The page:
Homemade Moisturizer For Natural Hand Repair

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Homemade Moisturizer

I make homemade moisturizer because commercial products contain petroleum byproducts that dry the skin and I need a natural product that moisturizes better.

The Need For a Homemade Moisturizer

I recently moved and my hands are a wreck.

I’ve tried to keep them clean and neat, but most days I’m digging in the dirt for a living on my herb farm. I have nicks, cuts, scrapes, dirt under my fingernails, and they are dry and scaly. I’ve tried moisturizers, but many of them contain mineral oil, a petroleum byproduct, which just sits on top of the skin. I needed a homemade moisturizer that goes deeper and adds more moisture.

So maybe you’ve been cleaning the house for guests, cooking, or wrapping presents all week, and your hands show it. This process for repairing your hands is just what you need.

Start with a clean slate

Before you can get started on repairing problems, you need to clean up. First, wash all visible dirt from your hands. Don’t forget the wrists and even part way up your arm. I’ve missed spots on my inner forearm because I thought “I just can’t be that dirty!”, but I was. Once you get all the dirt off, use a homemade hand scrub on the areas. A really simple, natural scrub is made with brown sugar and a bit of oil. You can use any type of liquid oil. I use grapeseed because it’s very close to your skin’s own natural oils. If you want to use coconut oil, just melt it a bit before mixing with the sugar. (Find organic carrier oils here.)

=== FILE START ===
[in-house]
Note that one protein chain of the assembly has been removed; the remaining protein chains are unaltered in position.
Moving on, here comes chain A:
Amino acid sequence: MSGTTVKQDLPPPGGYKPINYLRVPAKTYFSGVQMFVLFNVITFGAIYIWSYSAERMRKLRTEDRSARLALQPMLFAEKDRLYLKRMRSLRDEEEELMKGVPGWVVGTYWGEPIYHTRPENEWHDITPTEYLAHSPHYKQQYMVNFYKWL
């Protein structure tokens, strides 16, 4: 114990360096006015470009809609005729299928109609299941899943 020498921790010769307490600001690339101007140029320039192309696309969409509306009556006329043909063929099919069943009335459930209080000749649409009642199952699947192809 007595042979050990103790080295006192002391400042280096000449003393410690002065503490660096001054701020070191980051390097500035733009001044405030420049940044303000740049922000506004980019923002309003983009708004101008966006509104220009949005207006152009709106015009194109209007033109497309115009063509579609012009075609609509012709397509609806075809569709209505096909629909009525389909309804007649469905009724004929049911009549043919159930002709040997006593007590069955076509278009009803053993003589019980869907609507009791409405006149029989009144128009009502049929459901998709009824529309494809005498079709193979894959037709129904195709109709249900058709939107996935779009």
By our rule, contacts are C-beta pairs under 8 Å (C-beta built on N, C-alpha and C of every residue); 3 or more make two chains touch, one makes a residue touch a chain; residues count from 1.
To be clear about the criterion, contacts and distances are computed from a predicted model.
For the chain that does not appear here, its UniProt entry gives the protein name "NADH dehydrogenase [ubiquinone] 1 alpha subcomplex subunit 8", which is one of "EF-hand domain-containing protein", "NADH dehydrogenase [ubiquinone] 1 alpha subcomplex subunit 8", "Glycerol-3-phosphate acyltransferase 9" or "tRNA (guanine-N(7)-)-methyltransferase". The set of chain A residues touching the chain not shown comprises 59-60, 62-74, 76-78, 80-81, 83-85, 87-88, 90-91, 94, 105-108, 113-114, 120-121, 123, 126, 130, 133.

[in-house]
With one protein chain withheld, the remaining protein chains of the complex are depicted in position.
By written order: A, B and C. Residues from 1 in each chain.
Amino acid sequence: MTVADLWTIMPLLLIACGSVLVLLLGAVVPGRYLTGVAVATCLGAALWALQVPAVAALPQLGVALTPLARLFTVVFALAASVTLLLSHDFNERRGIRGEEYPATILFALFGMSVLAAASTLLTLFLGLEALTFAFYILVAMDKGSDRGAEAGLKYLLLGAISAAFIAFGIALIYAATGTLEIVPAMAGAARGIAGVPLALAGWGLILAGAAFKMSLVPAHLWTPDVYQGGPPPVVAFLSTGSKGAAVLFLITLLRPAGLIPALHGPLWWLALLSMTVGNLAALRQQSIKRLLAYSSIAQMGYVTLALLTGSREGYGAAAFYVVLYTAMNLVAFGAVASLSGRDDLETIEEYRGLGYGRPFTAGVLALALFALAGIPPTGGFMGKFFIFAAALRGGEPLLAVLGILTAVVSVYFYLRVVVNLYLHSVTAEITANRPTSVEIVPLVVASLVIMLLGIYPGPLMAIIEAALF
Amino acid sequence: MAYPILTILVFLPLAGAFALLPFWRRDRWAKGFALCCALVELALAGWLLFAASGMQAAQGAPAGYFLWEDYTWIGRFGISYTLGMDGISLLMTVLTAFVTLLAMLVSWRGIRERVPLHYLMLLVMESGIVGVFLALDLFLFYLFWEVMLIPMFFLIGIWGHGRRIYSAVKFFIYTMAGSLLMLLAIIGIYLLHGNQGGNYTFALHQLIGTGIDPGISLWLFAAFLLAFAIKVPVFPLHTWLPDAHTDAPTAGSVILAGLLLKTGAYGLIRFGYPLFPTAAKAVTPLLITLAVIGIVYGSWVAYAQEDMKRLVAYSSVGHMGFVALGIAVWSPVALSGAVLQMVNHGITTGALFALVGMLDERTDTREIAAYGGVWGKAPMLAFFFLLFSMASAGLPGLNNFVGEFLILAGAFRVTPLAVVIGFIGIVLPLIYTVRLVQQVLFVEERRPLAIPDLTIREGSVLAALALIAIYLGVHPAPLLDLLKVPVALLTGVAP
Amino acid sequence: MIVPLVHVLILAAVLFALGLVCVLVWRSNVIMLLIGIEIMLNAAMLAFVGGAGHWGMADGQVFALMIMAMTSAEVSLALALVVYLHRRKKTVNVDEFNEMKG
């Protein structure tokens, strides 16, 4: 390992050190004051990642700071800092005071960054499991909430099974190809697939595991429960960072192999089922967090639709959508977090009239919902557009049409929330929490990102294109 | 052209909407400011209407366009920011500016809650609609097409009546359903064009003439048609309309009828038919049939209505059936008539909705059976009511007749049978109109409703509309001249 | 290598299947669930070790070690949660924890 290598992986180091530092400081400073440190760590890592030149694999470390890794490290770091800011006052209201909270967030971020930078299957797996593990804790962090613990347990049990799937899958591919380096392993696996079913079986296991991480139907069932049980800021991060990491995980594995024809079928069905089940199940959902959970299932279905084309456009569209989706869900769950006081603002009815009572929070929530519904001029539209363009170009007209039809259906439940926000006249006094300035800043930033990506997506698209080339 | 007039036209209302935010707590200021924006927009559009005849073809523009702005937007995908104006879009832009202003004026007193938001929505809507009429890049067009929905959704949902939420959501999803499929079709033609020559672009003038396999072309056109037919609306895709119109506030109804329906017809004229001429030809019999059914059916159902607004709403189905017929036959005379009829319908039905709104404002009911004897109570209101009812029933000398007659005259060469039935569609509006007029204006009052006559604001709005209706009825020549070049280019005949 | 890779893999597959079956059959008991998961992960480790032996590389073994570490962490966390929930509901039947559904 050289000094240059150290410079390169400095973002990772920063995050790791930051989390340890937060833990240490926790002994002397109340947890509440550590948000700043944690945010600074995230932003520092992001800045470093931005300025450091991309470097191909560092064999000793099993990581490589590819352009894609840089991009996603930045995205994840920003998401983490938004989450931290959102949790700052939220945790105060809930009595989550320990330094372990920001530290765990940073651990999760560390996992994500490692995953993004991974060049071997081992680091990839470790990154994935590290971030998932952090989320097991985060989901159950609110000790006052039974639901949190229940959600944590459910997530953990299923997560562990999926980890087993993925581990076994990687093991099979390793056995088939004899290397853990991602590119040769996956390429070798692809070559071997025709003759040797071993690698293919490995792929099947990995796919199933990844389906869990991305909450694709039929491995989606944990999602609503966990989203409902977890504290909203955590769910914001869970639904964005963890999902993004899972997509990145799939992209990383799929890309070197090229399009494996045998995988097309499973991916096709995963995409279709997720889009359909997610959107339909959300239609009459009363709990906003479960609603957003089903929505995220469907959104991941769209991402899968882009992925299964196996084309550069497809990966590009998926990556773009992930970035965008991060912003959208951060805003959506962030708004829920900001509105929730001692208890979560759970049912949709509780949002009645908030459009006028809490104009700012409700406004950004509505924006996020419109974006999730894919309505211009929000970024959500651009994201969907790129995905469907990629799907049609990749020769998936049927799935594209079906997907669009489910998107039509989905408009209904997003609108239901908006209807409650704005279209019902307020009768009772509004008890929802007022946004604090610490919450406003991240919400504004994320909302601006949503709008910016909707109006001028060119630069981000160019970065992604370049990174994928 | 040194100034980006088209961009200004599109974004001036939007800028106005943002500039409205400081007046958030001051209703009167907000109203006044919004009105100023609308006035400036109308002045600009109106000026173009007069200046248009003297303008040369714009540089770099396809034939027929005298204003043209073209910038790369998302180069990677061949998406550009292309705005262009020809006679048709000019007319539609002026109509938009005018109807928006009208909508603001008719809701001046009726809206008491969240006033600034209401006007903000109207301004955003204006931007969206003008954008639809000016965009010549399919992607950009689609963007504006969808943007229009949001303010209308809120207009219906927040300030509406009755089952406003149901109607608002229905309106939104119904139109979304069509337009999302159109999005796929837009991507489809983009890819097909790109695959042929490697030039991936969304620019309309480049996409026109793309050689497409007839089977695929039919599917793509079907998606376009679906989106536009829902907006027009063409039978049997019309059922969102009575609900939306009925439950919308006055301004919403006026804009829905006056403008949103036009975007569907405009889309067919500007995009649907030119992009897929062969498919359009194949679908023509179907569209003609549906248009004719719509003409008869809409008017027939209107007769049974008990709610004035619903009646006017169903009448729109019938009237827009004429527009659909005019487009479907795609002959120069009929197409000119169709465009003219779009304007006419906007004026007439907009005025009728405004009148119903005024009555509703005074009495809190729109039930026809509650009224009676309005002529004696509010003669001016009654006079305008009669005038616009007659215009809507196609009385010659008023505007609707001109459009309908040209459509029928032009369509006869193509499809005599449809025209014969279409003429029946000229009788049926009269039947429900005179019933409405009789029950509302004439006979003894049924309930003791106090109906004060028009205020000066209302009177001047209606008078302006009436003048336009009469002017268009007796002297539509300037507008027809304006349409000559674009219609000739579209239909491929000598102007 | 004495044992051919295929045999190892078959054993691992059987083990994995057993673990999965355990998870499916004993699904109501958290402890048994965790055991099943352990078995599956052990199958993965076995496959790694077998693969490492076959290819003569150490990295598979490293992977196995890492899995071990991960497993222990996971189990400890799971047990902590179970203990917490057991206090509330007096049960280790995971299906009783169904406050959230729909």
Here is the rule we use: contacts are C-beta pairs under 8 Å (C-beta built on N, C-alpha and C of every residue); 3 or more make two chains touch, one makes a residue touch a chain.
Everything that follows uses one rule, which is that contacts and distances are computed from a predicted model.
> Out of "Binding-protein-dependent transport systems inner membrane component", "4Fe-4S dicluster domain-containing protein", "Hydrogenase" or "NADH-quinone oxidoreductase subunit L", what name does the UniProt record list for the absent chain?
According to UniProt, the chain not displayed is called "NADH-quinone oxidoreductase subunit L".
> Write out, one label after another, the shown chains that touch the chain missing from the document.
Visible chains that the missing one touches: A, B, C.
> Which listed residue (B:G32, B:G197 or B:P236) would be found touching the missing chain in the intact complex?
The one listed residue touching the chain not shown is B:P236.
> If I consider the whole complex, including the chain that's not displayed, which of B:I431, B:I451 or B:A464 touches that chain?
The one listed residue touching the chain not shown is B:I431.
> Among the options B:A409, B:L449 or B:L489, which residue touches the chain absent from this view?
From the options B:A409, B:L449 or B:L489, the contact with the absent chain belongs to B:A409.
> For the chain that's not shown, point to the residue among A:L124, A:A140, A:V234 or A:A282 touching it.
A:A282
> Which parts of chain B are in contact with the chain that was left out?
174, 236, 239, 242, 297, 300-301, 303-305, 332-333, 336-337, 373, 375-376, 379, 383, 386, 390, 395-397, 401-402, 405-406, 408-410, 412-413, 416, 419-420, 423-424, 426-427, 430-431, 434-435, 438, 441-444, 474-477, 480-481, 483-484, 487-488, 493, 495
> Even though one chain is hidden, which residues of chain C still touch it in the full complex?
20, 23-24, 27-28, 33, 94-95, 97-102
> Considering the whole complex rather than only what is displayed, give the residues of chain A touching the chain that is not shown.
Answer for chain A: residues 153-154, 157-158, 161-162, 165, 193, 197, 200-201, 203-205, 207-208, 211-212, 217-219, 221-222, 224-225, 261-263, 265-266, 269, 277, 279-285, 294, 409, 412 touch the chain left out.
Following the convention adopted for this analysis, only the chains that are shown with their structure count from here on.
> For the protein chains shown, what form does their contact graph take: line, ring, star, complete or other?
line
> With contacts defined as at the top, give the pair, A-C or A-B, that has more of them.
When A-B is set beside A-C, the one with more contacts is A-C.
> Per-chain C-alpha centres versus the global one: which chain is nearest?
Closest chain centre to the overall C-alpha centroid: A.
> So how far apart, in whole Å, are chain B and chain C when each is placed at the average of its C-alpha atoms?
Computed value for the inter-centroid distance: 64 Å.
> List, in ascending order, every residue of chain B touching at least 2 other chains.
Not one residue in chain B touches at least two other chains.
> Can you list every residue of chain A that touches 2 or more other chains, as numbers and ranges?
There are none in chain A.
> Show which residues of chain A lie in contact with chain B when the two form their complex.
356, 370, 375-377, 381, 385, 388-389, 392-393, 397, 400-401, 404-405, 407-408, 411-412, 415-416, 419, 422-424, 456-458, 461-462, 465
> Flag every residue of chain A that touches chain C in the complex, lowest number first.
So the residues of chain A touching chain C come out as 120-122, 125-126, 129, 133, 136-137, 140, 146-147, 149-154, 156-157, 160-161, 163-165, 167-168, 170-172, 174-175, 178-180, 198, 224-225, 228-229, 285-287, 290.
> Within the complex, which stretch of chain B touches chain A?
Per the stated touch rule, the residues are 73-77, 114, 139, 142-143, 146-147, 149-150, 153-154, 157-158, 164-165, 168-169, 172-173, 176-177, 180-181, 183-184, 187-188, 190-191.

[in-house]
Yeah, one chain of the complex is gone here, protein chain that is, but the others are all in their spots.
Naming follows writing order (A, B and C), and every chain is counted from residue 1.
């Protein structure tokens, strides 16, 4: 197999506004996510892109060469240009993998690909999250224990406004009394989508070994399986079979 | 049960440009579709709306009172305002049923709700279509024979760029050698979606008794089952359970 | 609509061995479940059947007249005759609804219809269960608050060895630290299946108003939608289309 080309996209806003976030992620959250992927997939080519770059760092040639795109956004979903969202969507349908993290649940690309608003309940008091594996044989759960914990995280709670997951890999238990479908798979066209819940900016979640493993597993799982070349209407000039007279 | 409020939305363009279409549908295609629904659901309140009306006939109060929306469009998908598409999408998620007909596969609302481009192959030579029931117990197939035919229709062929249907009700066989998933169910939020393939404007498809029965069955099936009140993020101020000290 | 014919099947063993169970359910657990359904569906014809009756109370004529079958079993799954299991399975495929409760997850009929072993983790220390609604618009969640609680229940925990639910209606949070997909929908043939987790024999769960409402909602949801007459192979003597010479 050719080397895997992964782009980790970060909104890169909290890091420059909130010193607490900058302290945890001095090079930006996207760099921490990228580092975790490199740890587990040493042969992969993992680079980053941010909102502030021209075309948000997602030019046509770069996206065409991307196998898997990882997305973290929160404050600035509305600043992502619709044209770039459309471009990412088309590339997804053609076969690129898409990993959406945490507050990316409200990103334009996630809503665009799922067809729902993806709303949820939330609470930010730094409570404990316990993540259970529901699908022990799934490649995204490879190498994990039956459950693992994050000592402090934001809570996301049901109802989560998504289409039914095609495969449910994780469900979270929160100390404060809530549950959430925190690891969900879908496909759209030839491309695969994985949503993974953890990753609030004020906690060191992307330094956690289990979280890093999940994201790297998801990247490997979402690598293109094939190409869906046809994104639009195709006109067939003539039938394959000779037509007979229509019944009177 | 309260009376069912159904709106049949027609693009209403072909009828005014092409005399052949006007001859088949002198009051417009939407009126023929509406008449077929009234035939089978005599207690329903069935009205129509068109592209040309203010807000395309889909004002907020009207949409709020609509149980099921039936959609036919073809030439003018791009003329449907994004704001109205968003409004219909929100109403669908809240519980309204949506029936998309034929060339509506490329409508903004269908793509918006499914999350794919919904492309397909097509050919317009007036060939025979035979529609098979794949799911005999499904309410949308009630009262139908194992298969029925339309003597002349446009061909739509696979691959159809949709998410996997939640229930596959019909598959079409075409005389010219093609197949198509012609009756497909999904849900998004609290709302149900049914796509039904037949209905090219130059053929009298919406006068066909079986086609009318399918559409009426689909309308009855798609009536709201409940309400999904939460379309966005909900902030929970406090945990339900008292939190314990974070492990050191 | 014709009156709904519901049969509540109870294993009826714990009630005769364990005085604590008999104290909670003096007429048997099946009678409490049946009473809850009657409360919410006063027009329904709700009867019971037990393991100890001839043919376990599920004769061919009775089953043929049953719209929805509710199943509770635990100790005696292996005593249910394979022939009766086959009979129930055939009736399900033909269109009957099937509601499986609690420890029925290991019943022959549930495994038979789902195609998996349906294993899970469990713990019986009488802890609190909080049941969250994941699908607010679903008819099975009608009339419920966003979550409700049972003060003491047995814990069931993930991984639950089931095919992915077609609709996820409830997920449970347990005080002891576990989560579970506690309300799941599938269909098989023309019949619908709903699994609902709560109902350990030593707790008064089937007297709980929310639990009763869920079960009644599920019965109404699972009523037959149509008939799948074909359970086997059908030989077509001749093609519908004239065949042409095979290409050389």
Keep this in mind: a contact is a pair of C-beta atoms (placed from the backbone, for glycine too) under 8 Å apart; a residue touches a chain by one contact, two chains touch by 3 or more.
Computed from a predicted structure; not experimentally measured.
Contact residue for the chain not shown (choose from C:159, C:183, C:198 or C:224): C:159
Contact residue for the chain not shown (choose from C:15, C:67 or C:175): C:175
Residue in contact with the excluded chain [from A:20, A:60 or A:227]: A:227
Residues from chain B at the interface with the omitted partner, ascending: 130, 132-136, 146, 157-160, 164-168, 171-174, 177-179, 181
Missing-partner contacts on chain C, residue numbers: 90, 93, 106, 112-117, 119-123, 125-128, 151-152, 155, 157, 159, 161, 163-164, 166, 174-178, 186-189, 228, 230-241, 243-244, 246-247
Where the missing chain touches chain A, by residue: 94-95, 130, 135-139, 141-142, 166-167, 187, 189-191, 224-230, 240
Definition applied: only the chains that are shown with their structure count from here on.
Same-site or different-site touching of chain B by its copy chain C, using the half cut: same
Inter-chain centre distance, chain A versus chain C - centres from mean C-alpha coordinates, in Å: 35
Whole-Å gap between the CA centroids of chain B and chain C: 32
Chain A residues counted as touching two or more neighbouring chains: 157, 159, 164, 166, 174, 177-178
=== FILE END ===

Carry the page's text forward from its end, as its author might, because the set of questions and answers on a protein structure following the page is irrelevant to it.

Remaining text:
Use a tablespoon of brown sugar with a few drops of oil. You can also add a bit of essential oil that has some acidity. Grapefruit or orange essential oil are good choices. The acidity will break down any grease on your hands without drying them out. (Find 100% pure essential oils here.)

Take this mixture and rub it all over your hands. Keep scrubbing for about a minute or maybe more, depending on how rough your hands are. Rinse them off and you’re ready for the next step.

Pretreat your hands

When I use this scrub, I feel I’m going to lose moisture just by drying my hands. I blot them damp-dry with a towel and apply a few drops of oil. It can be the same oil you used for the scrub, or something different. It’s important to apply the oil while your skin is still damp to seal the moisture in. If your hands don’t tend to feel dry, you can skip the oil and go on to the next step.

Homemade Moisturizer Step 1

Draw Moisture In

In order for your hands to remain soft and not get dried out, you’ll need to draw moisture to your hands. You can use aloe vera gel or liquid vegetable glycerin. Both are humectants, which draw moisture in from the air and attach it to whatever it is on, in this case, your hands. I mix up this solution:

Humectant Hand Solution

Mix all of these together and apply a few drops to your hands and rub in. Don’t worry about the thin layer of oil that you may have used earlier. This will soak in past the oil. It may seem sticky at first, but it will dry. If it’s too sticky, add a bit more water. You can store the rest in the refrigerator for a few days in a covered container.

Now you need to seal the moisture in with the next step.

Homemade Moisturizer Step 2

Seal Moisture In

Now that you have your hands softened and used a moisturizer that will attract moisture to your hands, you need to seal the moisture in. An easy way to do this is to make a balm of beeswax and coconut oil. The coconut oil lubricates the beeswax and the beeswax seals the moisture in.

Natural Hand Repair Balm

If using blocks of beeswax, grate the beeswax. Melt equal parts of oil and wax in a double boiler over medium heat. (Note: With small amounts, it’s easier not to use a microwave as the containers can get very hot and hard to handle. If you are making a larger batch, you can use a microwave safe dish in the microwave.) When it is all melted, pour it into a wide mouth jar and let cool.